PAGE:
Tag Archives: ponderings

Random socks

Has anyone (other than me) come across a book called “Coloured Socks” which formed part of the Zebra Easy Learning and was published in 1983? Unsurprisingly it’s about socks. Regular readers may know I’m rather keen, if not mildly obsessed with (knitting) socks.

As my socks are being requested by a fair variety of people, I’ve decided to start selling them and other creations drawn from my knitting stash. Having sold a couple of pairs while at home, there was a suggestion that I brand but I need a name. The winning suggestion so far is related to the above book, but you kinda need to know the story for it to make sense so I’m curious to know whether anyone else will understand what I’m on about if I opt for ‘Benbo buns’.

Notes on my Spiritual Journey 6 – Current Job

After leaving SCM, I found myself increasingly drawn to community-focussed lay ministry. After applying to run a residential community which subsequently didn’t feel right enough (and I withdrew), I was delighted to discover a community being created on my own doorstep. Drawing from the experiences of growing the sense of community within SCM, I came to my current role and have had a very special opportunity to set up a residential Christian community. With a shared ethos, commitment to sharing in worship and a desire to serve Birmingham through volunteering, four of us now live together. In engaging with this community I continue to share in the corporate development of faith I valued from SCM and the convent. In the leadership of the group, I find myself being constantly challenged, and rewarded, in the way I am called to serve as well as manage the residents.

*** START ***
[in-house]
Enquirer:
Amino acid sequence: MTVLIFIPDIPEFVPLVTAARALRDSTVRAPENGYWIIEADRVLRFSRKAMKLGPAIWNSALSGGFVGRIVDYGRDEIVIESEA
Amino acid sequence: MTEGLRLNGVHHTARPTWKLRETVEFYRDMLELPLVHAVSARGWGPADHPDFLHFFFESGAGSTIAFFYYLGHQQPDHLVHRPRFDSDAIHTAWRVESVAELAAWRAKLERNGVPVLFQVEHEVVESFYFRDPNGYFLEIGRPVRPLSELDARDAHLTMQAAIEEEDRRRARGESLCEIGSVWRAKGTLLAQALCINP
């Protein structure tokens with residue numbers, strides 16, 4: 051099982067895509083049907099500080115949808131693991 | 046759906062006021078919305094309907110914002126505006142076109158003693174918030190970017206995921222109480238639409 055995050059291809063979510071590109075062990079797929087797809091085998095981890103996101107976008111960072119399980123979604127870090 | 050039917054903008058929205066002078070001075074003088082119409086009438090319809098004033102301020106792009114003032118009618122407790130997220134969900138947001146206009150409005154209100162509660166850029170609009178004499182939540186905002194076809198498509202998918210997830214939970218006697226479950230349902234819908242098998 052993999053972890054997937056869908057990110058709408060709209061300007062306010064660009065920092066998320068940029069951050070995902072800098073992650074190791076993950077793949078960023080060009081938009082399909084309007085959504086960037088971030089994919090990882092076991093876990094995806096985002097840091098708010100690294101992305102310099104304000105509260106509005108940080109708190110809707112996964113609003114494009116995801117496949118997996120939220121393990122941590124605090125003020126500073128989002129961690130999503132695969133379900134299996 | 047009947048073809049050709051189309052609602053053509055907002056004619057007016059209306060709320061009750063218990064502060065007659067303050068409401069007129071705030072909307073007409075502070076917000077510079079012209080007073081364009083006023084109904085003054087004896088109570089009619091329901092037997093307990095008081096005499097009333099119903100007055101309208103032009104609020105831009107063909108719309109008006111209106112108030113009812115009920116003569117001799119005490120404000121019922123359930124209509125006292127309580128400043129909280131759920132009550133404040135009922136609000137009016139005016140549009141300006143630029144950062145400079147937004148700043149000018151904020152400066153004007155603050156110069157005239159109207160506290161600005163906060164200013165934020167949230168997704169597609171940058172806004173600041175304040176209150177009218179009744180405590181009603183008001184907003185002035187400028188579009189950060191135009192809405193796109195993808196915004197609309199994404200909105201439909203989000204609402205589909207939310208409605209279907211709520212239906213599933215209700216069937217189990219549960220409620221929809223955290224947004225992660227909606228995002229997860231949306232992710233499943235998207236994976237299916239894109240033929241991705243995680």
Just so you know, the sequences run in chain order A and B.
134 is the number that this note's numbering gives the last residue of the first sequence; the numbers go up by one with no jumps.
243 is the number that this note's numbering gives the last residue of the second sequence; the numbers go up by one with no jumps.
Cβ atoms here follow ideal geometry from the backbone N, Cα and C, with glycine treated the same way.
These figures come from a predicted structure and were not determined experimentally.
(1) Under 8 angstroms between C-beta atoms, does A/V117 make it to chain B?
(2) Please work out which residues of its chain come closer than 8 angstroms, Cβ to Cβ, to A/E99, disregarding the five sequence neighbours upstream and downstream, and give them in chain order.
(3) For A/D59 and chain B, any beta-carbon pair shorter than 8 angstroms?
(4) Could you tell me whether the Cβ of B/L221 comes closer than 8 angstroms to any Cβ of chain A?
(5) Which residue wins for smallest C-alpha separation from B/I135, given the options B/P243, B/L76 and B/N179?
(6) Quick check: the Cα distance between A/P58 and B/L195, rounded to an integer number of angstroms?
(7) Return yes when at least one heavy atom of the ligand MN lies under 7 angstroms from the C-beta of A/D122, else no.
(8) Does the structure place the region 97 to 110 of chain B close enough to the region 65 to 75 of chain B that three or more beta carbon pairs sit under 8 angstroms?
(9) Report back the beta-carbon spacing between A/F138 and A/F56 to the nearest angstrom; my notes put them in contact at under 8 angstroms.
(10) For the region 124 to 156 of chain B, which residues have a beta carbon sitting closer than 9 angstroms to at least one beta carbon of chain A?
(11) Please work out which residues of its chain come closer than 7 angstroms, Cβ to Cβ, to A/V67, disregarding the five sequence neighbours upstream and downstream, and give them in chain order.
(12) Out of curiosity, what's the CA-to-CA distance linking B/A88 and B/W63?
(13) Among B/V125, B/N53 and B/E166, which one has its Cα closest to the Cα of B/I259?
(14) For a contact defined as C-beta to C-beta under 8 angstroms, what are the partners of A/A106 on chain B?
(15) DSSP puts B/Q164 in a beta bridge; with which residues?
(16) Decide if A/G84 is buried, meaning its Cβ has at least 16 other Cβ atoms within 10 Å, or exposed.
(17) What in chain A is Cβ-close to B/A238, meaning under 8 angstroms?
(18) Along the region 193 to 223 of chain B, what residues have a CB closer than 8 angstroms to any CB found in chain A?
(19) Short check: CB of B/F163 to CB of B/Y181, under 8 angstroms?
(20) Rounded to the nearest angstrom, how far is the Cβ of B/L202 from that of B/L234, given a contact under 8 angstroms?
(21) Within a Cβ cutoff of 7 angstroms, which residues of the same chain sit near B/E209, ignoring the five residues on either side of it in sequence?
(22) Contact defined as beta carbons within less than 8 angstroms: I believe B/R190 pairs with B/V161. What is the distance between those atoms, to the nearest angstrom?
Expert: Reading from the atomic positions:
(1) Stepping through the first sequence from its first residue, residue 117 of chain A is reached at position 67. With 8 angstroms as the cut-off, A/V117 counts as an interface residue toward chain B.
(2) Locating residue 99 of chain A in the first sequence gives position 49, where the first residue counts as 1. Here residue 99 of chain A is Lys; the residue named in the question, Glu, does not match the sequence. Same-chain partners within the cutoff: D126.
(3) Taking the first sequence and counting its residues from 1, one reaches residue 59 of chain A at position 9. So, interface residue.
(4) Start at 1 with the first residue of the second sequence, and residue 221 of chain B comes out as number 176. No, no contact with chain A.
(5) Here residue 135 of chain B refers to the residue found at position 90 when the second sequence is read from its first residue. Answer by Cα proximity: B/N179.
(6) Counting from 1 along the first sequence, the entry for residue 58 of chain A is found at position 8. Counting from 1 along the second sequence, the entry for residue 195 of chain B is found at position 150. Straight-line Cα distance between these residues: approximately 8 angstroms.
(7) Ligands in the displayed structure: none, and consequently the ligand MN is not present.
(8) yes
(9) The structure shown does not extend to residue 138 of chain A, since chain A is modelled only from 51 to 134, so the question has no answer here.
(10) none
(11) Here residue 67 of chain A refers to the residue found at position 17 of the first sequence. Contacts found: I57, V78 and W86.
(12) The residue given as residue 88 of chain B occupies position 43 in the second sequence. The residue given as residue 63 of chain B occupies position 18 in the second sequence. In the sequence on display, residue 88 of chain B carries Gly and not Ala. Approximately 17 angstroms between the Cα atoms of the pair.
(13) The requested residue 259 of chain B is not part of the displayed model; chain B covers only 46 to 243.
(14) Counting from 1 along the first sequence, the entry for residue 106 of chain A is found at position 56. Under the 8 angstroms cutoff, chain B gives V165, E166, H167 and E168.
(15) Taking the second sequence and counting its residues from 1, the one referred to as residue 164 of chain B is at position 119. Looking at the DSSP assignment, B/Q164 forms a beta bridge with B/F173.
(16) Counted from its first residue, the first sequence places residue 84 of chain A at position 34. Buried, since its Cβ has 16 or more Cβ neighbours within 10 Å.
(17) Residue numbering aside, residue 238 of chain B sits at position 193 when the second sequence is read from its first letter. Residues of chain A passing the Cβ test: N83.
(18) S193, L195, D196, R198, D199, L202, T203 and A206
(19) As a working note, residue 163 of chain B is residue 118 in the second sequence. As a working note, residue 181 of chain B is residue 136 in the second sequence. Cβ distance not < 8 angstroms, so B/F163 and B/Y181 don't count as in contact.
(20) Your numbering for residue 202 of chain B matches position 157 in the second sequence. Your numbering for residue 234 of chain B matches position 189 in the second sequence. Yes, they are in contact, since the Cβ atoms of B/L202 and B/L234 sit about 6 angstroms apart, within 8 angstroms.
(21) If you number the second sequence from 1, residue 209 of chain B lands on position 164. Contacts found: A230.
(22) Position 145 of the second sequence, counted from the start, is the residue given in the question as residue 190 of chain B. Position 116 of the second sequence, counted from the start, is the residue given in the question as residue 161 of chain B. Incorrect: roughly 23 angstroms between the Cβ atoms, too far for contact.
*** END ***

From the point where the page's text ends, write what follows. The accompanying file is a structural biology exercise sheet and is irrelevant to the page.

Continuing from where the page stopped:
Some of my work time was left free to pursue projects of interest to me. This gave me the opportunity to think big and outside the box. While the initial dreams stood aside for the more functional and necessary, I found work as one of a team of volunteer chaplains to a local University. The projects which have been of particular interest in this role are in producing a prayer resource to be shared with all the churches in the city centre, regardless of doctrine or denomination. This required a partner project mapping all the relevant contacts, and in this way I have been able to get to know the central Birmingham communities in a unique and highly invaluable way. The understanding and observance of the changing life within this area affects the whole city, regardless of where each resident lives.

The nature of a community orientated project like the one I lead focuses on living out the faith we all proclaim. It balances elements of worship (as I also preach in addition to running the prayer ministry for the centre and organising community prayers), action, service and fellowship.